ARAB MUSLIM APARTHEID

    All the while the Arab world and the Muslim world are the largest practitioners of racial and religious apartheid. Where not one minority has equal rights with the governing power. Not to mention the still-practiced racist slavery on Asians and on blacks by Arabs. And the ethnic cleansing by the Arab world including by anti-Christian, anti-Jewish Arab-Islamic-Apartheid-Palestine.
    To quote from books: The Islamic world “the world’s largest practitioner of both religious and gender apartheid.” [Israel: And the Palestinian Nightmare – Page 158 – Ze’ev Shemer – 2010 – 244 pages] “The Islamic culture of “religious intolerance, economic backwardness, gender apartheid, muzzled press, militarism, terrorism.” [A theory of international terrorism: understanding Islamic militancy – Page 153 – L. Ali Khan – 2006 – 371 pages] The “antisemitism of the Arab world and the Muslim world.” The racist “long history of oppression against minorities in Arab countries.” [U.S. news & world report: Volume 131, Issues 8-18 – U.S. News Pub. Corp., 2001 – Page 120]

    PALLYWOOD

    The lying Arab-Palestinian Goliath machine not only lies and denies Israel’s extending more rights to Arabs than to Jews (like favortism in court, affirmative action and exemption from military service), but also fabricates “memorandums” like a supposed speech by N. Mandela which was actually written by an Arab residing in the Netherland… The Arab lobby also aided J. Carter (the one who wrote a hate book in 2006 with almost an exact title of that by Palestinian-Arab M. Bishara in 2002), who uttered anti-Jewish bigoted statements like: ‘stating Freeman’s recommendations for council board members contained “too many Jews.”‘ [Living in the Times of the Signs – Page 219 – David R. Barnhart – 2007 – 492 pages]

    AIM

    The racist Arab “apartheid” slander campaign (like infamous ‘apartheid week’) has been rocked by usual anti-Jewish hatred outbursts, including calls to kill Jews, Swastikas, etc. [M. Ignatieff: Israel Apartheid Week and CUPE Ontario’s anti-Israel posturing should be condemned.” National Post, March 05, 2009] [“Swastikas and Ku Klux Klan Symbols during ‘Apartheid Week…” Israel National News, 3 Mar 2010]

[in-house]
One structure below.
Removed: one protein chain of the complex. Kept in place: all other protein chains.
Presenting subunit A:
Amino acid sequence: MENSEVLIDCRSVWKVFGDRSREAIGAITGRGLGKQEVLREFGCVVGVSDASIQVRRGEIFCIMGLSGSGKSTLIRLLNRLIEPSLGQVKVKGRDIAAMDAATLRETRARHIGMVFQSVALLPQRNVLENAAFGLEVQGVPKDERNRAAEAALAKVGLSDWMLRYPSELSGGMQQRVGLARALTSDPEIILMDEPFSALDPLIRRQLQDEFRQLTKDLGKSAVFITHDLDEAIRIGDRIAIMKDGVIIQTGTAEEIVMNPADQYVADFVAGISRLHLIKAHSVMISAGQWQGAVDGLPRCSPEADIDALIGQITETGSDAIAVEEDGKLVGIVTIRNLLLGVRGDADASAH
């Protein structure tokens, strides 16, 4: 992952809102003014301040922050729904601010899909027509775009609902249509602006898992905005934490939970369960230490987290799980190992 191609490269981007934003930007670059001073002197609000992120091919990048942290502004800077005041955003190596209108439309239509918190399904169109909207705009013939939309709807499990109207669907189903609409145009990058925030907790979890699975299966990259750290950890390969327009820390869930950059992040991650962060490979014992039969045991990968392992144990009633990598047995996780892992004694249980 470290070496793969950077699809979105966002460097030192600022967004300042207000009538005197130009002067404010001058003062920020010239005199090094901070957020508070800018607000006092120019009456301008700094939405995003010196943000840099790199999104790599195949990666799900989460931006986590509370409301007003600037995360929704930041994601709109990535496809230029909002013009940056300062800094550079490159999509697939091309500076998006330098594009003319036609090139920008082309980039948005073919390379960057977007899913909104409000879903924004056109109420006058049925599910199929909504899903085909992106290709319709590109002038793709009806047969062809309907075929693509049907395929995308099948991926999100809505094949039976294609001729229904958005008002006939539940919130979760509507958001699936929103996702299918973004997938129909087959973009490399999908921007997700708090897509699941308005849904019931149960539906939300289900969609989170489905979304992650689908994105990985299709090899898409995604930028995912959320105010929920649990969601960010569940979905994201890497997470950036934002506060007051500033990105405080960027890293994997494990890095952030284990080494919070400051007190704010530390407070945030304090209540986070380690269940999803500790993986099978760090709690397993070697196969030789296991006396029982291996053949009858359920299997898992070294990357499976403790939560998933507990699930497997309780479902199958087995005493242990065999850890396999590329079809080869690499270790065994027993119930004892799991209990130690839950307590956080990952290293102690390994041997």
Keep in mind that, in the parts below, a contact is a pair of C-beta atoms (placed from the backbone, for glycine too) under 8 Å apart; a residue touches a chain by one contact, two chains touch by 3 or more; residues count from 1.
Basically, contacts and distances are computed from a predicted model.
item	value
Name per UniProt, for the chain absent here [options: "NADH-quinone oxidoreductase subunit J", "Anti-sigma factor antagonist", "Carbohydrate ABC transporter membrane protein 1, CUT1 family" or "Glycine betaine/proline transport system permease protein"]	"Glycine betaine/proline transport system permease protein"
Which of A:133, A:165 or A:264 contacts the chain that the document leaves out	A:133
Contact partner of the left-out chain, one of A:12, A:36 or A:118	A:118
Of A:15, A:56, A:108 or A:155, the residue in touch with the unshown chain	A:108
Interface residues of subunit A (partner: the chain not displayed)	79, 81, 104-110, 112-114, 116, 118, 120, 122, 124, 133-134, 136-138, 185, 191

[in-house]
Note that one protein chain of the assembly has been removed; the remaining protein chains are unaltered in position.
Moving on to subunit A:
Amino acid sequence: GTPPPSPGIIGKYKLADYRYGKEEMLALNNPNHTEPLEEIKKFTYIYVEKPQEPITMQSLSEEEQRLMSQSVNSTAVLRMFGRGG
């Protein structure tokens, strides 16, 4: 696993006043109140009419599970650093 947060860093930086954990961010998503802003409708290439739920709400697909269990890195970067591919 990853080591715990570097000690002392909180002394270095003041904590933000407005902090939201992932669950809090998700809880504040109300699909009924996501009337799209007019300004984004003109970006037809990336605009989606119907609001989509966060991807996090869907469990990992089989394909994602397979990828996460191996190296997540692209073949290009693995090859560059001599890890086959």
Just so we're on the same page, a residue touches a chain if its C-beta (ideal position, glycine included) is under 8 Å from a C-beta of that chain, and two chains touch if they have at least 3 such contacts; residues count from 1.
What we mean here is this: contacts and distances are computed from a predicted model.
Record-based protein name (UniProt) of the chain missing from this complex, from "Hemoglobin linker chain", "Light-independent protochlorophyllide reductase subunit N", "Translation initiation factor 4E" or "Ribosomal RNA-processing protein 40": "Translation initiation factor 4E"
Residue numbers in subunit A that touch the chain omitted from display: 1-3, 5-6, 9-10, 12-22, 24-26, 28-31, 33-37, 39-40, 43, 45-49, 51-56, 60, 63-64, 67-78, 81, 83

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  46. graham says:

    UglyNonce what the fuck you talking about! ryan could only do something to a point as the band is commercial to fuck, when he said the video was ground breaking he im sure he meant that for SA, as we in south Africa are so far behind everything else, and that’s why people made a big deal out of it, as for the new video that is toooooooooooo cliche and if you cant see that. well whats said is said. and ive know Ryan for 10 years he has never worked in a CD store in his life so get you facts right.

    everyone is back and forth with this vid, it was my concept the 1st video was great working with the guys, i personly thought it was a ground breaking video for SA if it was released properly. To show off the then and now to see the growth of SA. I wouldn’t say the vid had limp cliche’s. It wasn’t any where near as CONTROVERSIAL as they saw it.The vid online is the directors cut, the only thing different from the directors cut to the real cut was the 2 bloody shots. i think it was the white guilt by the cops in the video that made it bad, but hey thats history man. The parlotones did get a lot of comments by some of the people and extra’s that worked on the set and a lot of the other comments were fans of the parlotones, i have received about 70 to 80 emails from fans talking about the vid mainly in good favor.

    As i said to Kahn i completely understand if they didn’t want to release it 100percent as its there choice and there product which is fair. i thought it gave a great message as we have to show more of the bad times than the good times as we live in the present and we have grown. Great guys wish them all the best. We cant please everyone.

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  47. John D says:

    I think that the video was brilliant, and the reason they could not release the first one was because idiots like some of you who commented, would miss interpret it. Stop moaning about nonsense and your stupid opinions, start a band and bring it where They are and maybe then you can give your opinion, because you don’t know what work and passion went into them getting to the top. They Got there, God gave them these great opportunities, and I trust that He also gave them the judgement to choose what to put in a video and what not. If it was yours you would like people to respect you even if they didn’t like or agree with it. If you don’t like it don’t watch it. But don’t go breaking them down, it shows who you are and reflect what you think of yourself.